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The studio concept and its forms in architectural education in Australia and New Zealand (2007–2011)

Citation

Wallis, L, The studio concept and its forms in architectural education in Australia and New Zealand (2007-2011) (2017) [PhD]


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Abstract

For many centuries the studio concept has been intimately linked to architectural education, being considered the "heart" of the discipline’s education. It was the preferred model when architectural education was first accepted into higher education across the western world, including in Australia and New Zealand, where since its introduction it has been adapting in response to context. In recent years the landscape of higher education in Australia and New Zealand has been undergoing significant changes due to global trends of massification, which have led to the decline in resources, insufficient space and increasing student enrolments. It is in this landscape that architecture academics, in 2007, reported concerns for the studio’s future despite its prominent position and enduring legacy in architectural education. However, confusion ensues, as different studio forms make it difficult to define. Therefore, the aim of the study is to understand how the studio concept and forms are responding to the changing higher education landscape in Australia and New Zealand over the period of 2007 to 2011.

For the purpose of reaching the defined aim of this study, a review of literature relating to both current and past studio meanings in architectural education was conducted, also other disciplines were considered in the review for the purpose of establishing the impact of the higher education landscape being experienced in Australia and New Zealand. Also, the mapping of literature documents the extent of the studio concept and its forms according to place, culture, teaching approach and curriculum. Many concerns relating to the effectiveness and suitability of studio places, studio culture and past instruction methods are documented, which indicate the need for an evidence-based scholarship in the changing climate. It is clear that a knowledge gap exists in how the term studio is conceptualised and the studio models present. This dissertation explores these knowledge gaps and potential implications for the architecture studio’s future in Australia and New Zealand.

A mixed method approach was employed in this study, largely based on qualitative inquiry with a purposeful sample group of six schools and 10 academics, and embedded with quantitative data. The group of study participants reflects the maximum variations from a secondary analysis of Ostwald and Williams’s studio (2007a & b) and Australasian school data (AIA, 2008b). Multiple methods were used to understand the studio form in which each academic involved in the study was employed, including a series of interviews relating to a recent design unit they taught, as well as the analysis of the unit outline and supporting materials. These approaches were supported by an observation of the teaching facilities in which the academic participant worked.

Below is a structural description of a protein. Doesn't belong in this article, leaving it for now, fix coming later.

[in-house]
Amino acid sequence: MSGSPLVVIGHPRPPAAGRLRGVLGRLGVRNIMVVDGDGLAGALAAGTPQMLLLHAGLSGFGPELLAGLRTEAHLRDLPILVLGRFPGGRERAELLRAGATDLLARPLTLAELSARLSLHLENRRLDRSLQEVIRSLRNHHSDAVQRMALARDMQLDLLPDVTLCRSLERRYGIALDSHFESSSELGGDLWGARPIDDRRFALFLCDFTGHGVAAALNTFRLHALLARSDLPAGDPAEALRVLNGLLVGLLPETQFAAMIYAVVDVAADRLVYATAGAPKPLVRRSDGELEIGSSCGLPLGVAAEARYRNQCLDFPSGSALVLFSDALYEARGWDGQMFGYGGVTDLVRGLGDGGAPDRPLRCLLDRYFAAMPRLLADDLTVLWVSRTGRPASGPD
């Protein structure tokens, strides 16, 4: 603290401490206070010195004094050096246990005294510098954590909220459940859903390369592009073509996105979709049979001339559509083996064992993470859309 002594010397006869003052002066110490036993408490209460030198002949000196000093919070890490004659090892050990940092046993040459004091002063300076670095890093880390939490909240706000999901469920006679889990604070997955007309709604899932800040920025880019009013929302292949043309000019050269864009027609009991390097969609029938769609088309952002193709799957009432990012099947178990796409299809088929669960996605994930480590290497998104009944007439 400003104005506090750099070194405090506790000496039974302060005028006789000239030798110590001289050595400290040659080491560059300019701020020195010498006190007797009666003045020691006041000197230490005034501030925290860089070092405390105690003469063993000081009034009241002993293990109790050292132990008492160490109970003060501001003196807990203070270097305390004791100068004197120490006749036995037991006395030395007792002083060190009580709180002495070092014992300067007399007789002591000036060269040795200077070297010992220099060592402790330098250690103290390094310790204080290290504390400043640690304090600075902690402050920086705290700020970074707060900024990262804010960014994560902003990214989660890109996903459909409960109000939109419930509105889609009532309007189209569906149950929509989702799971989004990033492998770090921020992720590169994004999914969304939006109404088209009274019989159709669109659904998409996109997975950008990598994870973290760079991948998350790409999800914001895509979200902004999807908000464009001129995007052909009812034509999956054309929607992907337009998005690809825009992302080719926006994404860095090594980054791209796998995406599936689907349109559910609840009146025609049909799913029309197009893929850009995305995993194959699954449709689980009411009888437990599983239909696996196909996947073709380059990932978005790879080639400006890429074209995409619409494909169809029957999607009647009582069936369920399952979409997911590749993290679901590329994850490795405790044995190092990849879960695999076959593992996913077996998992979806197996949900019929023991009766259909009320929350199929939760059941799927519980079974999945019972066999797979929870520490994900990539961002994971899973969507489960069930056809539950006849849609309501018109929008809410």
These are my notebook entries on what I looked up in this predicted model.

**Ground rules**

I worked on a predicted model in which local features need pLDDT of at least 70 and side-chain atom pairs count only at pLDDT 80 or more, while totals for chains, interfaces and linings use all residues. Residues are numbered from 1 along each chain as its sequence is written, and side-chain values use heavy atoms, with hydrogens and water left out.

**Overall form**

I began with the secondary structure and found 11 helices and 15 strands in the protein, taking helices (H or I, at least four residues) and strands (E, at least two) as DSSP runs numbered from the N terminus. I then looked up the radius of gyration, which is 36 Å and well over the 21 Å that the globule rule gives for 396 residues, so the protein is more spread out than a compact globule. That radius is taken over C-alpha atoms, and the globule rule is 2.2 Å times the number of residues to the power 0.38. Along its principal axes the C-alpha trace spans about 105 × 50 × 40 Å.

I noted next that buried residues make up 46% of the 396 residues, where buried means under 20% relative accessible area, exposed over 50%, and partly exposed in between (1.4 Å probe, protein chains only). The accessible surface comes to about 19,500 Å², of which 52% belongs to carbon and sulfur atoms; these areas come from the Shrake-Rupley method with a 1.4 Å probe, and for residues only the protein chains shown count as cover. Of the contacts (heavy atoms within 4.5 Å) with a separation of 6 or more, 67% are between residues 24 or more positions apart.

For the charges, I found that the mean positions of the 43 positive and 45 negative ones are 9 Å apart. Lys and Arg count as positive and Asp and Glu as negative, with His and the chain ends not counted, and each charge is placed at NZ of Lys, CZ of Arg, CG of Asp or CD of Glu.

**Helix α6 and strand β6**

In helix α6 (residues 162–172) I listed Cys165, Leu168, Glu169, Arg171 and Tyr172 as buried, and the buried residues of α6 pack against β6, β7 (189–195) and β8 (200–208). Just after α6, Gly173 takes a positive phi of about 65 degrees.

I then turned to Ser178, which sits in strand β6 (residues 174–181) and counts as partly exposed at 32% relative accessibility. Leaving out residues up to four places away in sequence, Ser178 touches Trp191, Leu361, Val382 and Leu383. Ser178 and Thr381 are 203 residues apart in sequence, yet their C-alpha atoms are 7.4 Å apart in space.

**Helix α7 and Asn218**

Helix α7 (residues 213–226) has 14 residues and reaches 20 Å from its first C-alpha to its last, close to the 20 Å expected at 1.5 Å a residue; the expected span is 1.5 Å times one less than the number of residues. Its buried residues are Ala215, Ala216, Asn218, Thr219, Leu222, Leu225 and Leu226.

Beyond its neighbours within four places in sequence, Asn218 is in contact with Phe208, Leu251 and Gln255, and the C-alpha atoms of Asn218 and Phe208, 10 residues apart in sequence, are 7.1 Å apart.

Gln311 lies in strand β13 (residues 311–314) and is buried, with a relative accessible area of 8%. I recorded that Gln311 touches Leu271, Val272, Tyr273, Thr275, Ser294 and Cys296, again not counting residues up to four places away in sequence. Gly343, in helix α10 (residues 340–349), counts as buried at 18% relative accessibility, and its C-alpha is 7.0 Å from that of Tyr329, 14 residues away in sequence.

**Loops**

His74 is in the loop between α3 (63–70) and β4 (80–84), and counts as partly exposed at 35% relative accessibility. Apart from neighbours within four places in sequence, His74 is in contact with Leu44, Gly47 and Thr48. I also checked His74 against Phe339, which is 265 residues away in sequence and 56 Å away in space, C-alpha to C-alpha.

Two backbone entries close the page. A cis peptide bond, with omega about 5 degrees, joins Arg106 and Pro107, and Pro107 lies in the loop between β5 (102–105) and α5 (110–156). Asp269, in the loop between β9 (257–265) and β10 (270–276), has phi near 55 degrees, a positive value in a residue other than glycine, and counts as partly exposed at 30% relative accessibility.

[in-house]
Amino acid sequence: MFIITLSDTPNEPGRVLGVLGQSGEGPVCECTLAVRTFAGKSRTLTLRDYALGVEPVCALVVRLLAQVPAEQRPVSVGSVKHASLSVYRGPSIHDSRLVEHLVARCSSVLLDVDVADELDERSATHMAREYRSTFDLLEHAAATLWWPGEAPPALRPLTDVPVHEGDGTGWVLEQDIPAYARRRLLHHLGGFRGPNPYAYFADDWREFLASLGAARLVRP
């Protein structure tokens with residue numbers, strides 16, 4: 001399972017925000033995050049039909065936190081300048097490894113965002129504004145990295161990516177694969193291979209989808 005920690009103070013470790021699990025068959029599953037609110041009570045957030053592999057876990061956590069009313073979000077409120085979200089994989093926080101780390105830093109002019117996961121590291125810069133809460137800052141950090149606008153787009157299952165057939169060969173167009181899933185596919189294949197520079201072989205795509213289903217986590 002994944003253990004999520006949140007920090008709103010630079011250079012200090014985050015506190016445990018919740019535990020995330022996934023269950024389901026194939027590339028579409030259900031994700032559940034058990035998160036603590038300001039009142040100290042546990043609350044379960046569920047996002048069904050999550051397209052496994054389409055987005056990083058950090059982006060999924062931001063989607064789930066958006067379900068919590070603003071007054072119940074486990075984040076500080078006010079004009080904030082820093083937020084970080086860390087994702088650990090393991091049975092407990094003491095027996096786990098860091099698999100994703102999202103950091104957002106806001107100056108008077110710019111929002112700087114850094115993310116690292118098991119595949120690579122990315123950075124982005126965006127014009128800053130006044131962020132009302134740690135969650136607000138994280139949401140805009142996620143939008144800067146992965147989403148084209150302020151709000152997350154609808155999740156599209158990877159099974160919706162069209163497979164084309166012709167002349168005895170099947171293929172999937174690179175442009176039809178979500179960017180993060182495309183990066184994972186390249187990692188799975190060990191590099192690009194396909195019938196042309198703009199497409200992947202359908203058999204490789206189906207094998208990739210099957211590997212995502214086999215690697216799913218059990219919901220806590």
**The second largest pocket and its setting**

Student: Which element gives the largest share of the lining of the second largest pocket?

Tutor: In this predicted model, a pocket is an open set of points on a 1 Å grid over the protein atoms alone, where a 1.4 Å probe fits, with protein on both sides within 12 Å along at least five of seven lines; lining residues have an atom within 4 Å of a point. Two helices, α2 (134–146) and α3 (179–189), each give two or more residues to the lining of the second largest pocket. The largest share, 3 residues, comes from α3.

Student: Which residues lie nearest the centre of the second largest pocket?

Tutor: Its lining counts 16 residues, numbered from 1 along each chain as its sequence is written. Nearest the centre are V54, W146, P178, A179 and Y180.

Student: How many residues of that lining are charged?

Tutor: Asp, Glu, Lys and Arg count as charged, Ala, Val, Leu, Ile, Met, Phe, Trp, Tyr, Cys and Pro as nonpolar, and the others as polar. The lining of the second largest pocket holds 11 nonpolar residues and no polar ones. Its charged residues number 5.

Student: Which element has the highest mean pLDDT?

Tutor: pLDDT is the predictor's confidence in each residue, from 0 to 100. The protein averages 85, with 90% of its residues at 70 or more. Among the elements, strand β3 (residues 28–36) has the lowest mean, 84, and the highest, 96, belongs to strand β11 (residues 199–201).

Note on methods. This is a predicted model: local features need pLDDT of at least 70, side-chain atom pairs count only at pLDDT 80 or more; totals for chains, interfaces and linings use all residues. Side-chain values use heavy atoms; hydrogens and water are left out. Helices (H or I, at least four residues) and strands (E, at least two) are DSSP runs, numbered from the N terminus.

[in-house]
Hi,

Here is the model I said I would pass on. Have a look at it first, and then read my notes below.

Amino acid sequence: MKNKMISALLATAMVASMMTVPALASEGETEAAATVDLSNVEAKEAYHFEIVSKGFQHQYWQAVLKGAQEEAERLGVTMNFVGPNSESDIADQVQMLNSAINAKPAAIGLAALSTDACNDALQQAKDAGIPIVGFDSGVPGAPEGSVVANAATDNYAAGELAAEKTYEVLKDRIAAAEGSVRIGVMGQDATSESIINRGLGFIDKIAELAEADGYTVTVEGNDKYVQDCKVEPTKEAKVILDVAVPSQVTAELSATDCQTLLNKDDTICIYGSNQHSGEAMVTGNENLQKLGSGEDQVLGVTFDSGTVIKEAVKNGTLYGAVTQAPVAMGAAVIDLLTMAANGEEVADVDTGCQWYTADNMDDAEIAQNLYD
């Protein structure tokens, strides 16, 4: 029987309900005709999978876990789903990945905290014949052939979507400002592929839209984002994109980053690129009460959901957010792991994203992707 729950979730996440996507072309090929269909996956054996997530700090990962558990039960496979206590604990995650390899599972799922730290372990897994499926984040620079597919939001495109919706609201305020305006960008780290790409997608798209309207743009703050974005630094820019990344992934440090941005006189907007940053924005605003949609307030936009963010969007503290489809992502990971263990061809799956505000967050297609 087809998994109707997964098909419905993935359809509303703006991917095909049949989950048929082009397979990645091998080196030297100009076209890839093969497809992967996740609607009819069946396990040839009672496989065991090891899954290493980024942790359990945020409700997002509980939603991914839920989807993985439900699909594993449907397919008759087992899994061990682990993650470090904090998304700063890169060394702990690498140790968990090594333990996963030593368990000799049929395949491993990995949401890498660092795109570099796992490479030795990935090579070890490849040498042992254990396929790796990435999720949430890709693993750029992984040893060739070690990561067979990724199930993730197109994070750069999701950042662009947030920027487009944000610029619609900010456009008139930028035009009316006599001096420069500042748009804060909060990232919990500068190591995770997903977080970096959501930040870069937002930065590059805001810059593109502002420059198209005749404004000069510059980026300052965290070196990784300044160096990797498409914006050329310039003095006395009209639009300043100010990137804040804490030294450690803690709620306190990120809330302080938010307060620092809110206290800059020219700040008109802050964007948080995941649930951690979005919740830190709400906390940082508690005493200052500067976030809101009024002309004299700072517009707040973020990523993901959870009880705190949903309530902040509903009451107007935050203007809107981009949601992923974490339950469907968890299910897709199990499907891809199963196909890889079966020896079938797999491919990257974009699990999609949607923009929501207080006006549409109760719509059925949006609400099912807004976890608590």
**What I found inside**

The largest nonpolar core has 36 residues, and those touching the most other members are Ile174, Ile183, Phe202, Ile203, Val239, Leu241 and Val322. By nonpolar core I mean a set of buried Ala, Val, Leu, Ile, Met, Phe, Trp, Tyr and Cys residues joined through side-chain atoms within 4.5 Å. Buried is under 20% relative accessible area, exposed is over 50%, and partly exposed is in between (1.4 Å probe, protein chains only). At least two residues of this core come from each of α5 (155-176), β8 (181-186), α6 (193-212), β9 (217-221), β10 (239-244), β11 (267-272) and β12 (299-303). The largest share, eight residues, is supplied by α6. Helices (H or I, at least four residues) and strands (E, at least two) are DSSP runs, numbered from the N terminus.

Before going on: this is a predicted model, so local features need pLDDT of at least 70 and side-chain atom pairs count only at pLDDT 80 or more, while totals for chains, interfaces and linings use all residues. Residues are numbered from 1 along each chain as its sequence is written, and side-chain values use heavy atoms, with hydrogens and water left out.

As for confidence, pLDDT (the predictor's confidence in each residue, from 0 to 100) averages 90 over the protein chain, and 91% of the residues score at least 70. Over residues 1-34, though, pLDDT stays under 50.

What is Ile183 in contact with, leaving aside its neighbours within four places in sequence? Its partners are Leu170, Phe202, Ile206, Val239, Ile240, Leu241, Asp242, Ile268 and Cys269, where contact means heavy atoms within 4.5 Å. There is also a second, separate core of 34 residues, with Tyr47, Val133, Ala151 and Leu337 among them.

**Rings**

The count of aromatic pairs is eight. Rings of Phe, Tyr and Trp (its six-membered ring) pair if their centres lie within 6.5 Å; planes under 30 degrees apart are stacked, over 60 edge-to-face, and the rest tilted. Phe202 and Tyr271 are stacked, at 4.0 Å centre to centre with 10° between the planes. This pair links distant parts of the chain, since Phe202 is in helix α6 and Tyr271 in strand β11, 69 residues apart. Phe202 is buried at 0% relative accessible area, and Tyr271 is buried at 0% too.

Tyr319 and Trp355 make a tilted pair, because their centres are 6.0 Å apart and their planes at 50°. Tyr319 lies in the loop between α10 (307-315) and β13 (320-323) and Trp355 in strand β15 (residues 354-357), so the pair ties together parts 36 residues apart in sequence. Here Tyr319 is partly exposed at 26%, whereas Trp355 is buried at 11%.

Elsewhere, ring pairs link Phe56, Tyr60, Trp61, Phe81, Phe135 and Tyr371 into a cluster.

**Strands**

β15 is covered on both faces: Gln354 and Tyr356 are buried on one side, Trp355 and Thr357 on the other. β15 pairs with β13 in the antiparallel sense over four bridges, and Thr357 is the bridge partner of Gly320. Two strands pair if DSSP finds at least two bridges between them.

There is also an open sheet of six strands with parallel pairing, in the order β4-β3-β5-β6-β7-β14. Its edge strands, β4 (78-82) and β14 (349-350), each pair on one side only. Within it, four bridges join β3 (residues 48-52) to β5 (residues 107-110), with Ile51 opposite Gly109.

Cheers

Biggs’s (2003) framework of constructive alignment system for quality learning and teaching was used to analyse the schools’ studio forms and implications. Four studio models have been developed from the analysis for the purpose of defining the studio diversity and relationship between the curriculum structure, teaching methods, environment and assessment which exist in the teaching of studio. It is clear that academics understand the studio concept holistically but also in a pluralistic way as the term is used interchangeably to denote design teaching, design unit and the physical place, despite the absence of established traditions such as studio places.

This dissertation contributes new insight into how the diversity of studio models, largely driven by the institutional climate, are creating a considerable divide between schools in Australia and New Zealand which may, in turn, lead to a distinct two-tier system. Another significant outcome from the study was the development of a typology of studio models to support debate about studio forms in practice.

Item Details

Item Type:PhD
Keywords:studio, design teaching, architectural education, curriculum, higher education
Research Division:Built Environment and Design
Research Group:Architecture
Research Field:Architectural Design
Objective Division:Education and Training
Objective Group:Curriculum
Objective Field:Assessment and Evaluation of Curriculum
Author:Wallis, L (Miss Louise Wallis)
ID Code:116654
Year Published:2017
Deposited By:Architecture (Discipline)
Deposited On:2017-05-16
Last Modified:2017-05-16
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